Transcultural Health

AMISH CASE STUDY

Elmer and Mary Miller, both 35 years old, live with their five children in the main
house on the family farmstead in one of the largest Amish settlements in Indiana.
Aaron and Annie Schlabach, aged 68 and 70, live in the attached grandparents’
cottage. Mary is the youngest of their eight children, and when she married, she and
Elmer moved into the grandparents’ cottage with the intention that Elmer would take
over the farm when Aaron wanted to retire.
 Eight years ago, they traded living space. Now, Aaron continues to help with
the farm work, despite increasing pain in his hip, which the doctor advises should be
replaced. Most of Mary’s and Elmer’s siblings live in the area, though not in the same
church district or settlement. Two of Elmer’s brothers and their families recently
moved to Tennessee, where farms are less expensive and where they are helping to
start a new church district.
 Mary and Elmer’s fifth child, Melvin, was born 6 weeks prematurely and is 1
month old. Sarah, aged 13, Martin, aged 12, and Wayne, aged 8, attend the Amish
elementary school located 1 mile from their home. Lucille, aged 4, is staying with
Mary’s sister and her family for a week because baby Melvin has been having
respiratory problems and their physician told the family he will need to be hospitalized
if he does not get better within 2 days.
 At the doctor’s office, Mary suggested to one nurse, who often talks with Mary
about “Amish ways,” that Menno Martin, an Amish man who “gives treatments,” may
be able to help. He uses “warm hands” to treat people and is especially good with
babies because he can feel what is wrong. The nurse noticed that Mary carefully placed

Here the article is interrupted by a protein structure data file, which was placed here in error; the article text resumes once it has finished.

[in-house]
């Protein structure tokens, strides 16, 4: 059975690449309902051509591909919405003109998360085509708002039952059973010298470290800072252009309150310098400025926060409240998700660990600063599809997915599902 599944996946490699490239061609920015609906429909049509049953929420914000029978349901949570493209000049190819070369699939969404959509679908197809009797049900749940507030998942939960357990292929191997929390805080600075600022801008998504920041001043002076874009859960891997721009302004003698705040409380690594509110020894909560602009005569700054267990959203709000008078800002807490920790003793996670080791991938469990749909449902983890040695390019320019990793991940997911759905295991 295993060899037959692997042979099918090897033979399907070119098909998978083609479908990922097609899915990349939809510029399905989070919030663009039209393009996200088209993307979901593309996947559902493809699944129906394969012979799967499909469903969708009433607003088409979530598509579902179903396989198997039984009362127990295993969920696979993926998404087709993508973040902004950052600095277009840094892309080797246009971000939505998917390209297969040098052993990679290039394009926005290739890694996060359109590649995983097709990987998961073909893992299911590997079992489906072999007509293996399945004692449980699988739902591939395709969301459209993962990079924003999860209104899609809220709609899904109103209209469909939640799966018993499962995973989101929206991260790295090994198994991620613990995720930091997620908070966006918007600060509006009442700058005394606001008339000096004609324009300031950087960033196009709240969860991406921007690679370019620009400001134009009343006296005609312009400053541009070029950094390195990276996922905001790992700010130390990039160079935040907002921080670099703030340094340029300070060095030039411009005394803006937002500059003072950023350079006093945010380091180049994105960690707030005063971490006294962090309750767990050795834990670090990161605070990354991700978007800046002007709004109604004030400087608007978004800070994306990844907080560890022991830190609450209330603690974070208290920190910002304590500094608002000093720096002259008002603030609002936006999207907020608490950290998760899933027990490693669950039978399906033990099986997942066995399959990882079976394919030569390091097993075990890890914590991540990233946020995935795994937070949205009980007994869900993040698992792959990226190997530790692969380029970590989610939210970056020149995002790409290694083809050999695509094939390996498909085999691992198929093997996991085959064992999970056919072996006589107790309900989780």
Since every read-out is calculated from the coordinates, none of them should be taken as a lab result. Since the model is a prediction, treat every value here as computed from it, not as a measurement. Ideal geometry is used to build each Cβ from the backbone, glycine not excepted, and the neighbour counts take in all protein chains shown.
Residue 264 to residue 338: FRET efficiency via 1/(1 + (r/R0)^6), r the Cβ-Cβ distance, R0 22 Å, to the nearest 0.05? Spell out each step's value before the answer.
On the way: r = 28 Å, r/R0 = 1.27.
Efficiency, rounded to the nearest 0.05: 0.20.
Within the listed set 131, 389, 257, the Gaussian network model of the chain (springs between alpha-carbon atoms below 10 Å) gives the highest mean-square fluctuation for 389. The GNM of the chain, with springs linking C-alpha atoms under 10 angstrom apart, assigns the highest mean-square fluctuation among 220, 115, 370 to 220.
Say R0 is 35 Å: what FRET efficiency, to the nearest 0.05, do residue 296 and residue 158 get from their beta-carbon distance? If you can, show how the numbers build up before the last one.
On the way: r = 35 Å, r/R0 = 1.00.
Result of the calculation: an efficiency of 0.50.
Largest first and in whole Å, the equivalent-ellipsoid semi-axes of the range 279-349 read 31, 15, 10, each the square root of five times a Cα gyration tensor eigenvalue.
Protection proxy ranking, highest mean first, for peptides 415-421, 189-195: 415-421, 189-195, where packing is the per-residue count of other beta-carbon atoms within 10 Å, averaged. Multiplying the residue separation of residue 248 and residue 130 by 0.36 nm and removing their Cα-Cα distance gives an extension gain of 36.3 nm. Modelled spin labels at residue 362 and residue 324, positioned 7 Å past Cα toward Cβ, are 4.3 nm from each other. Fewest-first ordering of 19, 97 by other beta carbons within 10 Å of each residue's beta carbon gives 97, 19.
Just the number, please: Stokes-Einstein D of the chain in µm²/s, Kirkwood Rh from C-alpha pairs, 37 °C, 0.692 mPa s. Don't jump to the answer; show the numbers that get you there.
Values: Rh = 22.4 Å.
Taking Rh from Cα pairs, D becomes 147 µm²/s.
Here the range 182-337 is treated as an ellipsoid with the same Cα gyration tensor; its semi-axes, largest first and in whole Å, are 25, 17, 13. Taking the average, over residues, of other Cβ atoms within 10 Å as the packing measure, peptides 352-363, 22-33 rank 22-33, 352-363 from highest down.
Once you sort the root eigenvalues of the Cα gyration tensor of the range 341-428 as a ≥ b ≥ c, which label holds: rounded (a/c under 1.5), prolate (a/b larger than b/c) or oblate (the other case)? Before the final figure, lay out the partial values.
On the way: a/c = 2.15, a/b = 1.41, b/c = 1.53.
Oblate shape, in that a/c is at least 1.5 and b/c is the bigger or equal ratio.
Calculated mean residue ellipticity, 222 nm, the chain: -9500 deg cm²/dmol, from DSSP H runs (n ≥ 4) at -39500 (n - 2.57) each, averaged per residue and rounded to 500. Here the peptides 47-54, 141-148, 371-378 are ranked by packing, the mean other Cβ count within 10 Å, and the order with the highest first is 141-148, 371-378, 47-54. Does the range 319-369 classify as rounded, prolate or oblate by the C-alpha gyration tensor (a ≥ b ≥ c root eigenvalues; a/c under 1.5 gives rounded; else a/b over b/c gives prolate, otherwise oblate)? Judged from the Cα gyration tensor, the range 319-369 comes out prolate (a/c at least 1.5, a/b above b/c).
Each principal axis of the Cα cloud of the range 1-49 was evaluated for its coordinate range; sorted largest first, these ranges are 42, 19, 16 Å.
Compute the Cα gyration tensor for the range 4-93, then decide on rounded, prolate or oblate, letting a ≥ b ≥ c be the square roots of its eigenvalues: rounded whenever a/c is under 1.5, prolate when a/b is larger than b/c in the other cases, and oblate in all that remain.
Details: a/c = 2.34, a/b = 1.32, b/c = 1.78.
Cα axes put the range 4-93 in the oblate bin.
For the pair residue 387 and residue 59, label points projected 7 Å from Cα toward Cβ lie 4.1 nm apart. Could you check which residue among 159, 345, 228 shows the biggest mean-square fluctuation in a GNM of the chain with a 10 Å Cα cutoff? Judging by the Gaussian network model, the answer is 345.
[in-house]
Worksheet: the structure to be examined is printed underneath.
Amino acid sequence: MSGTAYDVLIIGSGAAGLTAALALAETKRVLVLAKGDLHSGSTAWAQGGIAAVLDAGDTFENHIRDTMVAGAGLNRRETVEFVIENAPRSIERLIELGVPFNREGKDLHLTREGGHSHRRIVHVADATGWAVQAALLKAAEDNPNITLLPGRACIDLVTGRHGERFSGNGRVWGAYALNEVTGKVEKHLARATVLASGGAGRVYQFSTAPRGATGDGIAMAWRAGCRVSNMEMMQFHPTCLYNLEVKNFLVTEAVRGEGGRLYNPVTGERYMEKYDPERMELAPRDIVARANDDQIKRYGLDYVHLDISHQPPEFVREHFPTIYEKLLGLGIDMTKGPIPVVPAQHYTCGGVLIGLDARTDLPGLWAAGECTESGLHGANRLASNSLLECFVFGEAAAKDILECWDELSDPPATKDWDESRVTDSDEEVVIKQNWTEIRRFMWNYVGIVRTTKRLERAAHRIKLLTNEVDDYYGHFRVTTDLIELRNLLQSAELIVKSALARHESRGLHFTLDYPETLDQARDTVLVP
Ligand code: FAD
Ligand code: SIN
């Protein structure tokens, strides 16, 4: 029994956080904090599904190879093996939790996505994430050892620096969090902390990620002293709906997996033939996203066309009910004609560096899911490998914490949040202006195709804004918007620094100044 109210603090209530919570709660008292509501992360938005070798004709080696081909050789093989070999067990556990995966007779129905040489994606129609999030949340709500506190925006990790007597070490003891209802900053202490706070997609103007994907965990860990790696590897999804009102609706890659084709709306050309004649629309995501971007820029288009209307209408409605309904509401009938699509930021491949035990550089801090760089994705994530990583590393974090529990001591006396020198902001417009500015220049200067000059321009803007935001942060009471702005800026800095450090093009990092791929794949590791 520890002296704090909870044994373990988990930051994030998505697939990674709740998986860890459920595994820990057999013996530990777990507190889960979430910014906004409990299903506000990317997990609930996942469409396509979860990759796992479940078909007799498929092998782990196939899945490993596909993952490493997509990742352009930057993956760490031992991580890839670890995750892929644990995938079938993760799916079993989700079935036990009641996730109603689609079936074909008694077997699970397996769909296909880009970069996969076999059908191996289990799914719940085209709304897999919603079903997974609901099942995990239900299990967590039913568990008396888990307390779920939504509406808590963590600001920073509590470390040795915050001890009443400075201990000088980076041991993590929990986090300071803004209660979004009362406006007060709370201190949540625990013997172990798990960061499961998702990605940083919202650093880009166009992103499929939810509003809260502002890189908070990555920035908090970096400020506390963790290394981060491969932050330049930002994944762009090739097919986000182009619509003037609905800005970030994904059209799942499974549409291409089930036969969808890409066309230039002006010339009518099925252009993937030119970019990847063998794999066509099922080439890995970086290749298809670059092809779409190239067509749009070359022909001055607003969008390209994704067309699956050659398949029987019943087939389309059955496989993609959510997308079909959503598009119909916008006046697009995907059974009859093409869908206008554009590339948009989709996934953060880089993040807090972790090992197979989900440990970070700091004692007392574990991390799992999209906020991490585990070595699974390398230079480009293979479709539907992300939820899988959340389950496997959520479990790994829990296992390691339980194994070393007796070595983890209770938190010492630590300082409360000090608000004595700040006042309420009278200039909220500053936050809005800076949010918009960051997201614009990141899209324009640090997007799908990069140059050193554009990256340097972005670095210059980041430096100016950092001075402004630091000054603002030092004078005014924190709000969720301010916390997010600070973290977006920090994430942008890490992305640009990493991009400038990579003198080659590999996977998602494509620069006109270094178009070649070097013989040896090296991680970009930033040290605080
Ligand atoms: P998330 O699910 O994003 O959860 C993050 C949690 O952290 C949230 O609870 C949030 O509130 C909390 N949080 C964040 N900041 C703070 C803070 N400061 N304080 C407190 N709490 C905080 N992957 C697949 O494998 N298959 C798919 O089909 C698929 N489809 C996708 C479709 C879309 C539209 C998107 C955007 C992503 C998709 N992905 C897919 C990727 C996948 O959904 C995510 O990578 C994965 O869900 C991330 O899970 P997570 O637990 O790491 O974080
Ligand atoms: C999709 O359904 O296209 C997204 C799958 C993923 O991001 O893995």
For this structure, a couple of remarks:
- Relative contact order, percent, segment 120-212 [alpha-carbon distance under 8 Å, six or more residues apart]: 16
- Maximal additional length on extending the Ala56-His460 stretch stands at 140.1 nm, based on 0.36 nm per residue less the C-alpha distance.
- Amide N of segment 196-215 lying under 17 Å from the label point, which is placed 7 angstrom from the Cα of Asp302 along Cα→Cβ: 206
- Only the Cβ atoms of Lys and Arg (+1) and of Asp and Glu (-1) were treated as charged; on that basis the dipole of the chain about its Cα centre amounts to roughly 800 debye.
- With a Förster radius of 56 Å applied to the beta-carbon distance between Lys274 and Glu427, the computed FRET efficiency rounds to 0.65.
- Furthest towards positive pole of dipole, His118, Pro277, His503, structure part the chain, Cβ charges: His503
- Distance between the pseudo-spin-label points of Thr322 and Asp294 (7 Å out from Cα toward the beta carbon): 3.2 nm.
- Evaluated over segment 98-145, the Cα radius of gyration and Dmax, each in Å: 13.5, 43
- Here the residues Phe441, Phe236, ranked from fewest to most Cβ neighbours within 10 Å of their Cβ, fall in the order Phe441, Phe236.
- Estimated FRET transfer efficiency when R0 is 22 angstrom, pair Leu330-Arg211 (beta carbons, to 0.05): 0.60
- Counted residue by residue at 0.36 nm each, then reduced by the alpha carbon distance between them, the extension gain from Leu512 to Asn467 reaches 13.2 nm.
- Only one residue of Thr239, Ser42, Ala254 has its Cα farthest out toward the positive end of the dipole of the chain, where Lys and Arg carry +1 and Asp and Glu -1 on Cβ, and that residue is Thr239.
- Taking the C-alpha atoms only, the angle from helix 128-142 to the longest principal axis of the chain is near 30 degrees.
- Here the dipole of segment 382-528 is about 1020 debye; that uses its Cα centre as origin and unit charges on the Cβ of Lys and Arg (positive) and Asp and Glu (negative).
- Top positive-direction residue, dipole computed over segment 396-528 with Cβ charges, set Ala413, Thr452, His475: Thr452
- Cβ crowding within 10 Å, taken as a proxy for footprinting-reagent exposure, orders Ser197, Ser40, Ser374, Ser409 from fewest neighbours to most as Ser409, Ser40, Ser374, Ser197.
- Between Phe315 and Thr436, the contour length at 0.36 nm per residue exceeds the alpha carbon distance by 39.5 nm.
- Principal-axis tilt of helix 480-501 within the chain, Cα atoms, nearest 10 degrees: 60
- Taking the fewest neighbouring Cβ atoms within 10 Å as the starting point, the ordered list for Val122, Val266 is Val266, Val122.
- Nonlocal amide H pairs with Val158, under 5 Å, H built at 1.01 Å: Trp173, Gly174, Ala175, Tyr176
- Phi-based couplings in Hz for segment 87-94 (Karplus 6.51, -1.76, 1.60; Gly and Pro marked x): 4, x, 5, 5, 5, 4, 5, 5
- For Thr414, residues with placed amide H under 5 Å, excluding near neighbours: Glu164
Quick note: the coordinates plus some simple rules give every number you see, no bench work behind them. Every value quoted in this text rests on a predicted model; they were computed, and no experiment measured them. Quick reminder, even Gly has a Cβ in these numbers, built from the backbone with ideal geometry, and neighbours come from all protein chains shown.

the baby on a pillow as she prepared to leave.
 Elmer and Mary do not carry any health insurance and are concerned about
paying the doctor and hospital bills associated with this complicated pregnancy. In
addition, they have an appointment for Wayne to be seen at Riley Children’s Hospital,
3 hours away at the University Medical Center in Indianapolis, for a recurring cyst
located behind his left ear. Plans are being made for a driver to take Mary, Elmer,
Wayne, Aaron, Annie, and two of Mary’s sisters to Indianapolis for the appointment.
Because it is on the way, they plan to stop in Fort Wayne to see an Amish healer who
gives nutritional advice and does “treatments.” Aaron, Annie, and Elmer have been
there before, and the other women are considering having treatments, too. Many
Amish and non-Amish go there and tell others how much better they feel after the
treatments.
 They know their medical expenses seem minor in comparison to the family
who last week lost their barn in a fire and to the young couple whose 10-year-old child
had brain surgery after a fall from the hayloft. Elmer gave money to help with the
expenses of the child and will go to the barn raising to help rebuild the barn. Mary’s
sisters will help to cook for the barn raising, but Mary will not help this time because
of the need to care for her newborn.
 The state health department is concerned about the low immunization rates in
the Amish communities. One community-health nurse, who works in the area where
Elmer and Mary live, has volunteered to talk with Elmer, who is on the Amish school
board. The nurse wants to learn how the health department can work more closely with
the Amish and also learn more about what the people know about immunizations. The
county health commissioner thinks this is a waste of time and that what they need to do
is let the Amish know that they are creating a health hazard by neglecting or refusing
to have their children immunized.
Study Questions
 1.  Develop three open-ended questions or statements to guide you in your
understanding of Mary and Elmer and what health and caring mean to them and to